The Rype, Lydd
|Post town:||Romney Marsh|
|Council:||Folkestone & Hythe|
|Folkestone and Hythe|
Lydd is a town in Kent, lying in the Denge Marsh, part of the Romney Marsh. It is one of the larger towns on the Marsh, and the most southerly town in Kent. Lydd was one of the first sandy islands to form as the bay evolved into what is now called the Romney Marsh. The name Hlyda, which derives from the Latin word for "shore", was found in a Saxon charter dating from the 8th century.
Notable buildings in Lydd include a Guildhall and a mediaeval courthouse. Chamberlain's and Churchwardens' accounts of the fifteenth century survive alongside the town charters.
As with much of the Marsh, the town was a base for smuggling in the eighteenth and nineteenth centuries.
Before the First World War, Lydd became an important artillery practice camp. Experiments with high explosives carried out on the shingle wastes around 1888 led to the invention of the explosive "Lyddite". Lydd was at one time a garrison town, and the area is still an important training ground for the military, at one time having an extensive narrow gauge railway network.
Lydd is also the site of an airfield, the first constructed in Britain after the Second World War. Lydd Airport is now known as London Ashford Airport.
Lydd during the Second World War
On the 3rd of September 1940, four German spies landed near the town on the coast between Hythe and Dungeness, but were soon caught. It would seem they were ill trained, with only one able to speak English. One of the German infiltrators was arrested in a local pub, the Rising Sun (owned by Clifford Cole), at 9.30 am, because he wanted to buy a drink, and locals would have known the pub did not open until 10.00 am. This suspicious behaviour at the time tipped off a local Royal Air Force officer, and the visitor failed to produce a required permit permitting him to travel freely along the coastline, and was handed over to the local Police. Another of the four was caught and it was discovered he had hidden radio equipment in a tree not far from the Lydd to Dungeness road. At least three of them were sentenced to death by hanging at Pentonville prison. At least two of the men proved to be Dutch in origin, and were recruited as spies as a result of their complicity in currency smuggling.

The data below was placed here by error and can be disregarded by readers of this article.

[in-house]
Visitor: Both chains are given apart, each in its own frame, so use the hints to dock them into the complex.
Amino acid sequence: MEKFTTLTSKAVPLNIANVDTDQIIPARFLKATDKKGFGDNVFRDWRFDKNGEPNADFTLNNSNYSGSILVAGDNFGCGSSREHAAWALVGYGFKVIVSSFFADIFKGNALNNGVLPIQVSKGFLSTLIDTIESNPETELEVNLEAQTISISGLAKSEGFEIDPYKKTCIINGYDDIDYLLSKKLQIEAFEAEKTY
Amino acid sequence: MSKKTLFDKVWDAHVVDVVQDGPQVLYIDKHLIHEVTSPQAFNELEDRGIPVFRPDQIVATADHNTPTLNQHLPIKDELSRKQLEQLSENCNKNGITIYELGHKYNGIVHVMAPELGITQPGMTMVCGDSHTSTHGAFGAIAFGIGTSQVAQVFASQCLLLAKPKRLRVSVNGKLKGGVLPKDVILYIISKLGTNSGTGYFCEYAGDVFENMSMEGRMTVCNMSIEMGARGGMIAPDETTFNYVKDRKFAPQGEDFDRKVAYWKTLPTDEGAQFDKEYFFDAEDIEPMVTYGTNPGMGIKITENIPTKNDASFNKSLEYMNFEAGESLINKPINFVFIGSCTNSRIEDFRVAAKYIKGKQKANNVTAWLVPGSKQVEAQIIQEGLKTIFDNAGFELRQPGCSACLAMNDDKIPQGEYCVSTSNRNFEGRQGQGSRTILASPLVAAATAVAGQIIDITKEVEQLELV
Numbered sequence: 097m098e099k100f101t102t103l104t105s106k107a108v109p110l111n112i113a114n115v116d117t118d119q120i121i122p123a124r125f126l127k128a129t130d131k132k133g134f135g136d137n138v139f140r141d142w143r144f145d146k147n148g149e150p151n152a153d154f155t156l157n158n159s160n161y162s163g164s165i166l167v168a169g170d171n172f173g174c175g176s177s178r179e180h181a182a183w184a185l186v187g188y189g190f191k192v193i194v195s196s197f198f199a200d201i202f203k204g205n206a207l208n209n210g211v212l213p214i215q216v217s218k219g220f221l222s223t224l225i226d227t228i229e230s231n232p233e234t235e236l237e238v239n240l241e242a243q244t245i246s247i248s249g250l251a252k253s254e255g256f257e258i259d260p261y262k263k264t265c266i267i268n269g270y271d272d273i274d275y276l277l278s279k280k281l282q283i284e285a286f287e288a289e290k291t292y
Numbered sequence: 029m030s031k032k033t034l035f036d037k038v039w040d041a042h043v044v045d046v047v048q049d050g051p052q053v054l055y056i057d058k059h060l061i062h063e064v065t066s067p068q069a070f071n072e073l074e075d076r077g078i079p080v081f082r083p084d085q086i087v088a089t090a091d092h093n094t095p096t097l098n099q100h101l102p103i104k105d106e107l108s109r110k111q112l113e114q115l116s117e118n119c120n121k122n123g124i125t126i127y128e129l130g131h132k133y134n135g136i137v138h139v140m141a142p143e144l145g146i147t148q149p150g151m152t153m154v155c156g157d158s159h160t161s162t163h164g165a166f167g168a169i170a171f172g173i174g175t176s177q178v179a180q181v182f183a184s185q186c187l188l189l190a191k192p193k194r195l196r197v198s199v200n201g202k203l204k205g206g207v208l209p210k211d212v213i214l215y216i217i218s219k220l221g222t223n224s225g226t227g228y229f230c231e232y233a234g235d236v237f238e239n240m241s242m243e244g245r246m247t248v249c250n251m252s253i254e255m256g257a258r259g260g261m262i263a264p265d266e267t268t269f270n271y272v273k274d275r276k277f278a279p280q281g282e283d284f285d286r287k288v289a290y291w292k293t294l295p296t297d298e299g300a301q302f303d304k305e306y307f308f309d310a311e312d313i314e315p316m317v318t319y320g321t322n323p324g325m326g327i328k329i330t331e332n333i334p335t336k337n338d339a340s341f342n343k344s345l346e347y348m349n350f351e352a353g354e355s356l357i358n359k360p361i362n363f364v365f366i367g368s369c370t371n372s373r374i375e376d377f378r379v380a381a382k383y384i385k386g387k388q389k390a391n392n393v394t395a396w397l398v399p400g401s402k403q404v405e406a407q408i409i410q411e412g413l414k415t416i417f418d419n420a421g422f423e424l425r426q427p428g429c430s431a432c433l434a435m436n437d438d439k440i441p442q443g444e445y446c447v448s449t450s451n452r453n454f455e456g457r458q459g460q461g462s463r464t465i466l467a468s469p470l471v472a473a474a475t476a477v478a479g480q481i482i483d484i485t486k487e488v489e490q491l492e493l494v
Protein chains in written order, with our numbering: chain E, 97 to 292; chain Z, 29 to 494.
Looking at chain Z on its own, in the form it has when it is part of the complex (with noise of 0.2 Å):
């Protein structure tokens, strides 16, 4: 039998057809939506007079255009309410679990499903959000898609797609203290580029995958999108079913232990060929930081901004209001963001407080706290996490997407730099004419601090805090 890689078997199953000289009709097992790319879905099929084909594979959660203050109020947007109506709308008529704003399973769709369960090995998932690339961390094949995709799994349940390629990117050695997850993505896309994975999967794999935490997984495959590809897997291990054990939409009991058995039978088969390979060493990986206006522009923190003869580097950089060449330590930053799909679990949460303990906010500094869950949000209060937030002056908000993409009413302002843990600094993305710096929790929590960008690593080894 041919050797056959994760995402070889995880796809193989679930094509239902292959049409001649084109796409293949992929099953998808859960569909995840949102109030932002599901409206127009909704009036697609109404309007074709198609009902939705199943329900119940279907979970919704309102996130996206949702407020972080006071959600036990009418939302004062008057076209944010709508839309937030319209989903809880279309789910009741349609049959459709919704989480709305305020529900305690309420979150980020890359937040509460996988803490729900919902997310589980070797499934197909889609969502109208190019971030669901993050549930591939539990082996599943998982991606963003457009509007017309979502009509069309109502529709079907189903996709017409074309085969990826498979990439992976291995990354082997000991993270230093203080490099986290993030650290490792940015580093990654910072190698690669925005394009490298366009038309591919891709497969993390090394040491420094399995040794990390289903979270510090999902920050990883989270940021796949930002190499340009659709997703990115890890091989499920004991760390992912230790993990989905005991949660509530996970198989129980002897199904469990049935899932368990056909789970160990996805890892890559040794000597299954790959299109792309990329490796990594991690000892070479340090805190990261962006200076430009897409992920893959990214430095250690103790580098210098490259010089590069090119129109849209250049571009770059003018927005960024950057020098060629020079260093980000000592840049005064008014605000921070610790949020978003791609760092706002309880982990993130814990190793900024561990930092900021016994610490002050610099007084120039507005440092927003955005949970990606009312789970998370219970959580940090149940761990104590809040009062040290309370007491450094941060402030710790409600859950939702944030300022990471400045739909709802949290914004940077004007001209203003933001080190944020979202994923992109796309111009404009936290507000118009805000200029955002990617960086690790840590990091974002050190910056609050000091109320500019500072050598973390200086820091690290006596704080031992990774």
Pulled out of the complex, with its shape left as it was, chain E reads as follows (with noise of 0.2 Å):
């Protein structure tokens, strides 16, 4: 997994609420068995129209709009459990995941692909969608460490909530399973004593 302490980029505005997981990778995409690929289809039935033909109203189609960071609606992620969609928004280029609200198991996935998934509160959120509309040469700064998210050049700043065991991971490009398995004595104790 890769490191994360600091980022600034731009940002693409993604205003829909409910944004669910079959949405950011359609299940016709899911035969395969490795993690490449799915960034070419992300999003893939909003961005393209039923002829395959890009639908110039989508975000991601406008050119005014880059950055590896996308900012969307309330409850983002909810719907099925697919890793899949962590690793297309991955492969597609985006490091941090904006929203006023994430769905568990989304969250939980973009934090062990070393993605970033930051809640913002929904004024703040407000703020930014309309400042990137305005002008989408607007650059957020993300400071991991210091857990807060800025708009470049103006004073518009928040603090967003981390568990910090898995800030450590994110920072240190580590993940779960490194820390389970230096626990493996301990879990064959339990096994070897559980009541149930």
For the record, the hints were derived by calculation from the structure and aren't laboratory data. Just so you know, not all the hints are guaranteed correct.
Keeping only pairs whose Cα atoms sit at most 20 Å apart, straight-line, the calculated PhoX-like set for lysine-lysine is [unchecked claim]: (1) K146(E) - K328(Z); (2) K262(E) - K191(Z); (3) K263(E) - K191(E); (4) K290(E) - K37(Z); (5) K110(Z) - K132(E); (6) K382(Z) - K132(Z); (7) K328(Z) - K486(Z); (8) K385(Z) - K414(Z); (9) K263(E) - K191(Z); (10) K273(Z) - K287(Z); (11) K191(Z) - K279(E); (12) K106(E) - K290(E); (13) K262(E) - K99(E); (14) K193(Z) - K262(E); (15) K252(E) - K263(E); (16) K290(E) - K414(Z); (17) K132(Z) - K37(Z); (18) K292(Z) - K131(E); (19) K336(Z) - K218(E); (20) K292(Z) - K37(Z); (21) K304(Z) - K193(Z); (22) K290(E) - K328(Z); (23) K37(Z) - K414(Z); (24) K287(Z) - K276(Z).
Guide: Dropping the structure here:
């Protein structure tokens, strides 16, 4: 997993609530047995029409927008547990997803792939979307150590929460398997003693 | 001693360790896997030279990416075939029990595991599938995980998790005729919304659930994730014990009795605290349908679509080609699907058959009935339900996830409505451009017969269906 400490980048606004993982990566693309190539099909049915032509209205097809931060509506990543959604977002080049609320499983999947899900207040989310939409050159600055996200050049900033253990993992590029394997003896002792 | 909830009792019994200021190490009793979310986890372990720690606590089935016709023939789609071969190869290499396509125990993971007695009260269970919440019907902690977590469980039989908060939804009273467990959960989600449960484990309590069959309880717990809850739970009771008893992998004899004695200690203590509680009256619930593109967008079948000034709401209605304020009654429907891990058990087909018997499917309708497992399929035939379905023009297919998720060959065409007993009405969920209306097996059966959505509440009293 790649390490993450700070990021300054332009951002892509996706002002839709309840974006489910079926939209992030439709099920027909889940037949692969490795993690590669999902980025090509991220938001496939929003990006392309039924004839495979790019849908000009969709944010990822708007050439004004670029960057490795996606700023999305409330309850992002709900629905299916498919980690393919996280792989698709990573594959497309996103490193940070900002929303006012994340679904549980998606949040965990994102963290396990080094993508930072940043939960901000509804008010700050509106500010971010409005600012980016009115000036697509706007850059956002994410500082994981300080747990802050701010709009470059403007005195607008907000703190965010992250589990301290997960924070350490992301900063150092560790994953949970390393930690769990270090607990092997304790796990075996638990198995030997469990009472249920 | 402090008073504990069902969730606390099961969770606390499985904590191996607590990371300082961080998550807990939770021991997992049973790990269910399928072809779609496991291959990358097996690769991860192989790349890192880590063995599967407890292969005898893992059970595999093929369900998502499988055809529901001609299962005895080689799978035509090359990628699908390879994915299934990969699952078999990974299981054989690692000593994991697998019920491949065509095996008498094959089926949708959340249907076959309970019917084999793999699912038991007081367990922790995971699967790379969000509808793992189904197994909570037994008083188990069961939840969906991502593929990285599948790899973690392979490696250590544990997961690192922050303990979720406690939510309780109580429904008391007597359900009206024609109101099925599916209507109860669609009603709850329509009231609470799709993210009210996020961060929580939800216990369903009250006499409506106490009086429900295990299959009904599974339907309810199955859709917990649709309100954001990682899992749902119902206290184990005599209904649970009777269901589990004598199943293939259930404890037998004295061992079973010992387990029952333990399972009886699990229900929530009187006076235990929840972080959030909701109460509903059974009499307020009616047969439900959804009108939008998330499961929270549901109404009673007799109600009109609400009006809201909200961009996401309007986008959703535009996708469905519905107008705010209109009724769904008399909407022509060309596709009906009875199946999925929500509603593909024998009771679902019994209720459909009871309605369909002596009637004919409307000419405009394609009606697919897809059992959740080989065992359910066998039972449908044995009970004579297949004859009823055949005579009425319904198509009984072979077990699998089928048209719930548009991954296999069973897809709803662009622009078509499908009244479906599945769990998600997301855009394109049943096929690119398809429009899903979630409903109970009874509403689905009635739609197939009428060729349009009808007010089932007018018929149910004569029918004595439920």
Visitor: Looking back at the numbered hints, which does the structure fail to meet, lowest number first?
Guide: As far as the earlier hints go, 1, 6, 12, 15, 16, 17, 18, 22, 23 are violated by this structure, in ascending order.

On October 21, a Dornier was forced to land at the Lydd aerodrome, short of fuel, having been confused in his bearings whilst attempting to return to France, by the use of recently invented equipment devised to interrupt the homing beams sent from Germany to guide such planes. The Dornier was the first example of this new type of Bomber to fall into the hands of British Intelligence. Lydd's wartime airfield was situated north of the town - only one nissen hut now remains.
A Wellington Bomber had the misfortune to crash-land on 26 June on returning from a 1500-plane attack on Bremen. The 19-year-old pilot managed to get the plane down safely near Lydd, and the crew survived the crash, but were not certain they were in England until rescuers came to their assistance.
On the 27 November, a railway train came under attack by two Focke-Wulf 190's. The train was just departing from Lydd station and had its boiler hit. The resulting jet of high pressure steam from the engine hit the aircraft, causing it to crash-land nearby, the pilot was found dead, but no railway staff or passengers were injured. The two planes, had been heading over the coast after a raid on Ashford.